The USC Andrew and Erna Viterbi School of Engineering USC Ming Hsieh Department of Electrical Engineering University of Southern California

EE 459Lx - Embedded System Design Laboratory

AVR Toolchain for Linux

Allan Weber

USC Dept. of Electrical and Computer Engineering
Last edited: July 15, 2020

This web page describes a way to install a working AVR 64-bit toolchain ("avr-gcc") based on using the Arduino IDE software. The Arduino IDE is normally used with a graphical user interface (GUI) to write programs in the Arduino style, but all the avr-gcc command line programs are inside the IDE, and with a little work you can run them from the command line. Since Arduino appears to be periodically releasing new versions of their IDE, and this includes updated versions of the AVR toolchain, you can take advantage of this and use the toolchain software from within the Arduino IDE from the command line.

If you don't want to go through these steps to make use of the IDE's programs, there is a simpler way to do it, but the avr-gcc software that ends up being installed is quite a bit older than what Ardiuno provides and there may be issues related to that. Scroll to the bottom of this page, or click here to see these instructios.

Important: The information below assumes you are at least moderately familiar with using the command line interface, and with basic Unix-type commands for moving around the file system and doing simple operations. The program that runs in the command line program to accept typed commands and then does something is called the "shell" program. You can display the value of the "SHELL" variable to see what shell program you are using. For example,

    $ printenv SHELL

shows that the "bash" shell is being used. You need to know which shell program is being used since that affects some of the steps below.

Warning: Some of the steps below require administrator or "root" privileges. When using the command line this is done with the "sudo" command to run single command as the adminstrator. The first time the "sudo" is typed, the system will ask for your password, meaning the password you use to login to the system. Subsequent uses of "sudo" may not ask for the password if done shortly after the first one was done.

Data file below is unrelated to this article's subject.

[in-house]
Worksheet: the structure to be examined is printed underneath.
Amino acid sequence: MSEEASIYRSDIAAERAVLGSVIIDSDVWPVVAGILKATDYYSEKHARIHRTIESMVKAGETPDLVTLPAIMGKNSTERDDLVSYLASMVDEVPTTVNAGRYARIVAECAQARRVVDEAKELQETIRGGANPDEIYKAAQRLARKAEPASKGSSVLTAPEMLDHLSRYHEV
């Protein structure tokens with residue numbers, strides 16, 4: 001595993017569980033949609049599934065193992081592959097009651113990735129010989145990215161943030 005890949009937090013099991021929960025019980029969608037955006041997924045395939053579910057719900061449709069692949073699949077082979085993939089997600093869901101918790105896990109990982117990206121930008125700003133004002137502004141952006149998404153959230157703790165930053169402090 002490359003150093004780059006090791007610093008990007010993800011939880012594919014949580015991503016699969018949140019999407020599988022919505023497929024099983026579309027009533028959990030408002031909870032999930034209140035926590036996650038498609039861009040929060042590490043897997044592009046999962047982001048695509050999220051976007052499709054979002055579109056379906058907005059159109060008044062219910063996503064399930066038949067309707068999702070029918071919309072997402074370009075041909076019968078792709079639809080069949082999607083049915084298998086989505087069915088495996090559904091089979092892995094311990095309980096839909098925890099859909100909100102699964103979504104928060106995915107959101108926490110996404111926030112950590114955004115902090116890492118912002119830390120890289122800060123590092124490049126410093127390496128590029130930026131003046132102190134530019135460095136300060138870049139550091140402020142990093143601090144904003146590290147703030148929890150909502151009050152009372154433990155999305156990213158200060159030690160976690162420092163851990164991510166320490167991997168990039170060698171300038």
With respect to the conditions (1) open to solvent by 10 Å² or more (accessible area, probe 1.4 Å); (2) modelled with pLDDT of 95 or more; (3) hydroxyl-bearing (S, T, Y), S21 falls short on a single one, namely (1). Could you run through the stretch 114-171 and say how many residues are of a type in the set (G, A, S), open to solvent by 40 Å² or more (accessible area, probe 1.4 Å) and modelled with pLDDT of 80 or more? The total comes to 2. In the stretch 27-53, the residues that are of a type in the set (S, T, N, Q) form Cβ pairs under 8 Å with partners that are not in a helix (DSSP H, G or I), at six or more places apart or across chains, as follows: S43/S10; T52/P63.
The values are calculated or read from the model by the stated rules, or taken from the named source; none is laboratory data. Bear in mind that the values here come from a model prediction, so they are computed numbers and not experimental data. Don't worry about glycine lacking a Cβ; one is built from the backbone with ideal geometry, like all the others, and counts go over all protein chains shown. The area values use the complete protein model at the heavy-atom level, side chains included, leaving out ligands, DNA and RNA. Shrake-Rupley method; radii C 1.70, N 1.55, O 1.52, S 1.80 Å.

Step 1: Install the Arduino IDE

Download and install a version of the Arduino IDE that is version 1.8.10 or later. Version 1.8.10 appears to be the first that contained the avr-gcc software as 64-bit binaries. The downloaded file may have a name like "arduino-1.8.13-linux64.tar.xz". The extracted files can be placed anywhere, but in this example we'll put them in the "/usr/local" directory. Assuming the downloaded file is in your home directory, do the following steps.

    $ unxz arduino-1.8.13-linux64.tar.xz
    $ cd /usr/local
    $ sudo tar xf ~/arduino-1.8.13-linux64.tar
    $ sudo ln -s arduino-1.8.13 arduino

This has installed the Arduino IDE files in /usr/local and they can be reached from the command line in /usr/local/arduino.

Step 2: Find the AVR Toolchain

Using the command line, you'll need to find the AVR toolchain that is inside the Arduino IDE. First use the "cd" command to go to /usr/local and then do another "cd" to get inside the Arduino IDE package. Assuming you installed it in /usr/local as described above do something like this.

    $ cd /usr/local/
    $ cd arduino

Now dig deeper into the directory struction to find the AVR toolchain.

    $ cd hardware/tools/avr

This was the path to it as of the time this web page was written but it may change so be prepared to hunt for it if the above paths are no longer correct.

Doing an "ls" at this point should show that you are in the AVR toolchain directory and "ls bin" will show the subdirectory with the compiler, linker, downloader, etc.

    $ ls
    avr  builtin_tools_versions.txt  include  libexec
    bin  etc                         lib      x86_64-pc-linux-gnu
    $ ls bin
    arduinoOTA     avr-cpp        avr-gcc-ar      avr-gprof    avr-objdump